Usually, we try to comment on the reports and articles we reference here. But, in the face of this, what can we say? Save that we know that, somehow, this must be linked to the global climate crisis.
A lot of us have wondered, for years, why efficiency doesn’t solve the problem. Why, for example, Amory Lovins — though he sometimes makes so damn much much sense — is somehow, still, so wrong. It’s something you can’t quite put your finger on.
The answer has a lot to do with “market failure,” of course, but there’s more to it as well.
Part of the problem seems to lie in an economic dynamic known as the “rebound effect.” Which comes, basically, to the fact that when energy — or any other “good” — gets cheaper, we tend to use more of it. As if we were implacable, insatiable, and ultimately doomed. Which would be a pretty simple-minded view of the situation.
And, in truth, David Owen’s The Efficiency Dilemma, published in the December 20, 2010 issue of the New Yorker, seems to be just a wee bit simple minded. Until the end, when Owen, having done the work necessary to justify a conclusion, plays out his hand in this fine passage:
“Decreasing reliance on fossil fuels is a pressing global need. The question is whether improving efficiency, rather than reducing total consumption, can possibly bring about the desired result. [U.S. Secretary of Energy] Steve Chu told me that one of the appealing features of the efficiency discussions at the Clean Energy Ministerial was that they were never contentious. ‘It was the opposite,’ he said. ‘No one was debating about who’s responsible, and there was no finger-pointing or trying to lay blame.’ This seems encouraging in one way but dismaying in another. Given the known level of global disagreement about energy and climate matters, shouldn’t there have been some angry table-banging? Advocating efficiency involves virtually no political risk — unlike measures that do call for sacrifice, such as capping emissions or putting a price on carbon or increasing energy taxes or investing heavily in utility-scale renewable-energy facilities or confronting the deeply divisive issue of global energy equity. Improving efficiency is easy to endorse: we’ve been doing it, globally, for centuries. It’s how we created the problems we’re now trying to solve.”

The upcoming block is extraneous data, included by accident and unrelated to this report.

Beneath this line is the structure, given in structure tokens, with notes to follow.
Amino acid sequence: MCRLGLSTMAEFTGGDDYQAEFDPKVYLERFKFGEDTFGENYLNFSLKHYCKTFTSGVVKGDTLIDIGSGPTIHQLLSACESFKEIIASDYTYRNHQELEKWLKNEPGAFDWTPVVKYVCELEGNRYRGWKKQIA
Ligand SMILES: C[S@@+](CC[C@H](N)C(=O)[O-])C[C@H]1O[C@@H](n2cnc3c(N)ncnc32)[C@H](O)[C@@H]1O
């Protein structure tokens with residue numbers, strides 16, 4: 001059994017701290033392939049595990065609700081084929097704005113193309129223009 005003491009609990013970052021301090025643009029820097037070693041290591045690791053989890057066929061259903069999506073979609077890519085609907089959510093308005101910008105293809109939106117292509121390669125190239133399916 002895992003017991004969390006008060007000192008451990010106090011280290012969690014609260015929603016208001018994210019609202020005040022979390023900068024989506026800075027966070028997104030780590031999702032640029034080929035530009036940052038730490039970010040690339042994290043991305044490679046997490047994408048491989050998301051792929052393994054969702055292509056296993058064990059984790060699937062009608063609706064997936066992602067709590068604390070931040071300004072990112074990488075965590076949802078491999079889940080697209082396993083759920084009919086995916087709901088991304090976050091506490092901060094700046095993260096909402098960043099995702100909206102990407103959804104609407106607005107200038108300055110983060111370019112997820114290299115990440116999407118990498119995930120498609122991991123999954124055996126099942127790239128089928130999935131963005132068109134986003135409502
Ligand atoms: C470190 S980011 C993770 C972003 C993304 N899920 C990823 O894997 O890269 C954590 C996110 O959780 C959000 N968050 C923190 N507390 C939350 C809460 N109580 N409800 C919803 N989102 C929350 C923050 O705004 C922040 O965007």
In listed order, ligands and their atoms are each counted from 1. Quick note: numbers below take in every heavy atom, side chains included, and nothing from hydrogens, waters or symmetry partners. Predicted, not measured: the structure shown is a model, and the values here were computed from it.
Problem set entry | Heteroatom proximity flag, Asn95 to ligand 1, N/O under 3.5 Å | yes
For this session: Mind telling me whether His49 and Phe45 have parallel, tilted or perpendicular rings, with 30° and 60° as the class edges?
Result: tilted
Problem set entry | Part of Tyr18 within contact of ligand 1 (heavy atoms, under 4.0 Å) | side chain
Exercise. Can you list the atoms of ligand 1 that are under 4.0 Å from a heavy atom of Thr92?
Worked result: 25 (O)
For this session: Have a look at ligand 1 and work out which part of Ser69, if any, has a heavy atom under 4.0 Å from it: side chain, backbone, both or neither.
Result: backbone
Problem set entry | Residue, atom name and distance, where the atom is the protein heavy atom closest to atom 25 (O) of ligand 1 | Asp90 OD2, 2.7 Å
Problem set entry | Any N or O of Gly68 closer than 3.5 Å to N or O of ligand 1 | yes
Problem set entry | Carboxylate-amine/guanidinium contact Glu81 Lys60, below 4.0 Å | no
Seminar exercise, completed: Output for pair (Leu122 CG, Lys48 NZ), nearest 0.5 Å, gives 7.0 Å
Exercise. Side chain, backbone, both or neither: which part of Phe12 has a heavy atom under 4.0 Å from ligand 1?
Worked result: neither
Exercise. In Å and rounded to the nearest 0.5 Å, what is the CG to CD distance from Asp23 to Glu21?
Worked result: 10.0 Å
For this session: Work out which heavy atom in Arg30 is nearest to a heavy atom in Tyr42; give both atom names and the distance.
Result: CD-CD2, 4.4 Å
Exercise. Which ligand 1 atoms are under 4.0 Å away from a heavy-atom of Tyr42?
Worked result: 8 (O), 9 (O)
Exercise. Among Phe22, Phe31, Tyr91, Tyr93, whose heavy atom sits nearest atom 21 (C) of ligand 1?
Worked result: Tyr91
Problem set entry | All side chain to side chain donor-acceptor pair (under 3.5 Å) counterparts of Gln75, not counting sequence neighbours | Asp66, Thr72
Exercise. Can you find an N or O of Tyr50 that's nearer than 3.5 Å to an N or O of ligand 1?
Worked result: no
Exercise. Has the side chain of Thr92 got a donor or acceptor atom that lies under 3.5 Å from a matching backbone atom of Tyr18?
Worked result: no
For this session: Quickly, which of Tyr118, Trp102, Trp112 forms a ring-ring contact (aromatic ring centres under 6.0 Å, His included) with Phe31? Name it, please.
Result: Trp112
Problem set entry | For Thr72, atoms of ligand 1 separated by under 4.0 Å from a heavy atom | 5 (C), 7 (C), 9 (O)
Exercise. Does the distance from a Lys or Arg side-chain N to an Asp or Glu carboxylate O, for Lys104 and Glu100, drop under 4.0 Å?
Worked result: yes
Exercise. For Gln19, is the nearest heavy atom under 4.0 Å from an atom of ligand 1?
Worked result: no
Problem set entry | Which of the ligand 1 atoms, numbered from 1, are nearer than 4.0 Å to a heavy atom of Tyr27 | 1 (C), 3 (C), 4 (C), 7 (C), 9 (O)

Too many people still think that “equity,” as it is called, is a luxury that we cannot afford. They’re wrong, though I can’t prove it. But this article is an oblique argument for the prosecution — for “confronting the deeply divisive issue of global energy equity” — that suggests that the matter could nevertheless become plain.
Cap and share, it must be said, can only work within countries. But, that said, it’s a fine idea, and a useful one. And this amusing video is a nice intro to it.